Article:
At 7:16, it’s time to move.

The last of the Honey Nut Cheerios milk goes down like sweet nectar. Yum. I pop my bowl into the dishwasher and head to the door.

Sneakers, jacket, backpack on. I whisper my checklist while Mom stands in the kitchen doorway, lightly fanning her second cup of coffee with gentle breaths.

“Homework, check. Gym clothes, check. Lunch card, check.”

“Got everything?” Mom says, which is part of the routine.

Spy gear, check.

“Yep.” The silent addition is not for Mom’s ears. It’s our secret, Dad’s and mine.


Observation, Conclusion

The walk to the bus stop takes two minutes. One minute to walk along the balcony and down the stairs from our second-­floor apartment, through the parking lot and out the driveway, and a whole other minute to go all the way down the sidewalk to the second driveway entrance to our apartment complex.

It’s weird. I’m the only kid that gets picked up at this location, but the stop is still all the way on the other side. Mom says they simply haven’t updated the routes in a few years. There’s a kid on the other side that used to ride this bus, but he’s in high school now.

I have a plan, though. Every day I stand a few yards closer to my side of the complex. I figure the bus driver isn’t looking for the driveway itself, he’s looking for the kid that needs to get picked up. So I’m thinking I can train him over time to just pick me up at my own driveway. So far, so good.

When the process is done, I’ll be able to leave the house one minute later. I don’t know yet what I’ll do with the extra time. Linger over the Cheerios? Lie in bed for six minutes? Maybe I could start wearing a belt or some sort of accessory. That might use up some time.

Observation: Mrs. O’Leary’s car is not in its spot. She goes to yoga class on Thursday, but it’s Friday. Interesting. There is a city work crew opening a manhole on the next block. Sewer work? Mr. Carson didn’t clean up after his dog this morning, and he’s usually very diligent. His sciatica must be acting up.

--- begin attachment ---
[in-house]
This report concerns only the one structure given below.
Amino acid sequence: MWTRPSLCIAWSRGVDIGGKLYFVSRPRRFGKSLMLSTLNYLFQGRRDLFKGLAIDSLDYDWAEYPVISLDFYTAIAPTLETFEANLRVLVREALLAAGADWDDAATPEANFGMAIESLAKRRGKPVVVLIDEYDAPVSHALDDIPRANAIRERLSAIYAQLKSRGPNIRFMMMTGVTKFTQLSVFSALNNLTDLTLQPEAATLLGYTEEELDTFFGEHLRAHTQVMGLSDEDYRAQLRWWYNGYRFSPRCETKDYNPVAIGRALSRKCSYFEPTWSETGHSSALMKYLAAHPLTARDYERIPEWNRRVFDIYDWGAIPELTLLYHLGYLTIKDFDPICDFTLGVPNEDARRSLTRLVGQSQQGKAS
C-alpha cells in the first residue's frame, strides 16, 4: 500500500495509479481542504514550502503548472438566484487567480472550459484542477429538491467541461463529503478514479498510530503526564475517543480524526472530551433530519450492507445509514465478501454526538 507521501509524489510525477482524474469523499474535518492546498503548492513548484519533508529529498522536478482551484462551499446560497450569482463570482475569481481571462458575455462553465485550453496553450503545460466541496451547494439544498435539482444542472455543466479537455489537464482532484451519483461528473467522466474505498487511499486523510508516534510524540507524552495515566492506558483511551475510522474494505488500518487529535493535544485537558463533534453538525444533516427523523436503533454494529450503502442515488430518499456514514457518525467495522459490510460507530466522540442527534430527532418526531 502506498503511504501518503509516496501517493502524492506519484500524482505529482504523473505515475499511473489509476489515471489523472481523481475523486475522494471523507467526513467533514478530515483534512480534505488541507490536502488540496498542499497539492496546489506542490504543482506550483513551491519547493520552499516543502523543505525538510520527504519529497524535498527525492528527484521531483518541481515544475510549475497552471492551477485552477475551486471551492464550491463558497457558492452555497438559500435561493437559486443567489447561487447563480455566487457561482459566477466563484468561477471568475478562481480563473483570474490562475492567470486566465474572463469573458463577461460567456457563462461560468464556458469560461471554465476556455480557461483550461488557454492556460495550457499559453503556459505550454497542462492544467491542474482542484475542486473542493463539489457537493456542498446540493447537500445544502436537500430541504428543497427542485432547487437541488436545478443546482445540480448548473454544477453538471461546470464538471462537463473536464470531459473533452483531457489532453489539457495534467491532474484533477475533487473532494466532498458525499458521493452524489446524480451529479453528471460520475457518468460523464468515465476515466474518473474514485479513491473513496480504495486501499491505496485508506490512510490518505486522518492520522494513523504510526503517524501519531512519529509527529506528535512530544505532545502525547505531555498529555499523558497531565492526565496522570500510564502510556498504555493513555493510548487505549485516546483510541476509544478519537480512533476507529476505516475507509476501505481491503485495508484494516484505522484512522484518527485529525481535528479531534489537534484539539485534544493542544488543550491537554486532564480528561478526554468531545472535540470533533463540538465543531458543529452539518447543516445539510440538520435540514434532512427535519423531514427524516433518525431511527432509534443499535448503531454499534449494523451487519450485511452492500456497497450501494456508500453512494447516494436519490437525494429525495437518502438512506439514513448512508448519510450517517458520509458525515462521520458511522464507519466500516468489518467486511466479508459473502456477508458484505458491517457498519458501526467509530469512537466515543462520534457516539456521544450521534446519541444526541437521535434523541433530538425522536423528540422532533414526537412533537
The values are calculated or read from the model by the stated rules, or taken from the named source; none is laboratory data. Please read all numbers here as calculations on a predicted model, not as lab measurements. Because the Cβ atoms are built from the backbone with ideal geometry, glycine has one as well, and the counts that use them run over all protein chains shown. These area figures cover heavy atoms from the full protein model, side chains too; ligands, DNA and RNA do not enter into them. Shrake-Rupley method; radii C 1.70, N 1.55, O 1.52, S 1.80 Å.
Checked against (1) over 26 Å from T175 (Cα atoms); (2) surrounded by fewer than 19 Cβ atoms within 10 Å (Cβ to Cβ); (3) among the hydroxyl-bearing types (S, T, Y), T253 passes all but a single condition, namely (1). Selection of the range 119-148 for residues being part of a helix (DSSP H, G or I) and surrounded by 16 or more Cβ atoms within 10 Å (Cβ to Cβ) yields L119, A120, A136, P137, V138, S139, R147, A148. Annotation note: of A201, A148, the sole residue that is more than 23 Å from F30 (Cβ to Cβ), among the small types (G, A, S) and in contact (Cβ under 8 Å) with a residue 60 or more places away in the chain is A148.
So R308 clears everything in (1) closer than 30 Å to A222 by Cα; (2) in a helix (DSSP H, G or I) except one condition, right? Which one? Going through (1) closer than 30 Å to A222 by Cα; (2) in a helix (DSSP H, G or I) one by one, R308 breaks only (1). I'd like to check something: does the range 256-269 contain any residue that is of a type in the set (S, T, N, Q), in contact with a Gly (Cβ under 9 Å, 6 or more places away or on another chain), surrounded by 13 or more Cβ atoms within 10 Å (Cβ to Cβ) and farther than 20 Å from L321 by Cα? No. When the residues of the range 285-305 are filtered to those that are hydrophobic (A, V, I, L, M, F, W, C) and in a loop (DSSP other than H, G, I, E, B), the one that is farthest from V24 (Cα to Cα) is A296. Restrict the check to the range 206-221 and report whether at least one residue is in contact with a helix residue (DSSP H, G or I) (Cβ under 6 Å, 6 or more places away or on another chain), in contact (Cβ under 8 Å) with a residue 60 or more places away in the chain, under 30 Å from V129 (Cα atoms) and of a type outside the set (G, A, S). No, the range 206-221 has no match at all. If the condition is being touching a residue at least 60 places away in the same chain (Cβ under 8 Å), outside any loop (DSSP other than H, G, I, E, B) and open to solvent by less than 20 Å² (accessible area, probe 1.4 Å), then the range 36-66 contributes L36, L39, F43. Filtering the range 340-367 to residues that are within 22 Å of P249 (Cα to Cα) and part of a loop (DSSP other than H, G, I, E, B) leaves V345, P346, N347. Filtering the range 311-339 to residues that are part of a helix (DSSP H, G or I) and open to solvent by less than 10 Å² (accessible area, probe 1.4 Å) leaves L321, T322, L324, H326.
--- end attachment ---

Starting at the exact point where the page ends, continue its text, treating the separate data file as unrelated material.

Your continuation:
The bus ride itself is a jouncy, bouncy, jaw-­rattling experience. My row is the fourth up from the back, so we get extra height flying over all the potholes. I slouch down low and prop my knees up on the seat back in front of me. No one ever sits with me, so I put my backpack next to me and hook my arm through the straps so it doesn’t bounce off the seat. I prefer the corners of my textbooks not get dented.

Observation: Marla’s braces bands are a new color. She’s been to the orthodontist. Kevin is wearing the same pants with that ketchup stain on the knee that he’s been wearing for three days. Maybe their washing machine is broken. The gas station on the corner finally fixed the typo in their lettered sign. For two weeks it has read, By 1 get 1 free Pizza buy the slice. Guess someone finally pointed out the error.

Keen observation skills are a hallmark of effective spycraft. The history of espionage book Dad sent for my birthday tells all about it. You have to know everything, see everything. Observation, conclusion. Observation, conclusion. When you make an observation and can’t make a conclusion, and you’re left with more questions, you have to keep observing. Information is power. A small detail can tell an entire story.

It’s too bouncy to write on the bus, so once I get to school, I will add all these notes to my spy notebook from Dad. Making the notes is a key part of my training, and it also makes me feel closer to him, even though he’s far away.

Dad’s a real spy. He can’t come right out and say that, of course, but he’s given me enough clues that I’ve figured it out. The gifts he sends, for Christmas and my birthday, often have something to do with espionage. When I was smaller he sent LEGO sets and other random things, of course, but lately the theme is pretty clear. Binoculars, brain teaser games and logic puzzles, a lockpick practice set, The Knowhow Book of Spycraft, a utility belt with some cool gadgets, and the notebook and the history book, which is basically a training manual.

Dad’s always been pretty clever about keeping his life a secret from me and Mom. His work makes him very busy, which is why he can’t come visit. We don’t even know where he lives, because it seems like he’s always on the move. His packages come from all over the place. I started investigating them over a year ago, and nothing. This summer, though, he slipped up. The packing slip from my birthday present box had a sender’s email address. It took me a month to get up the nerve, but I finally emailed Dad.

Under the Cover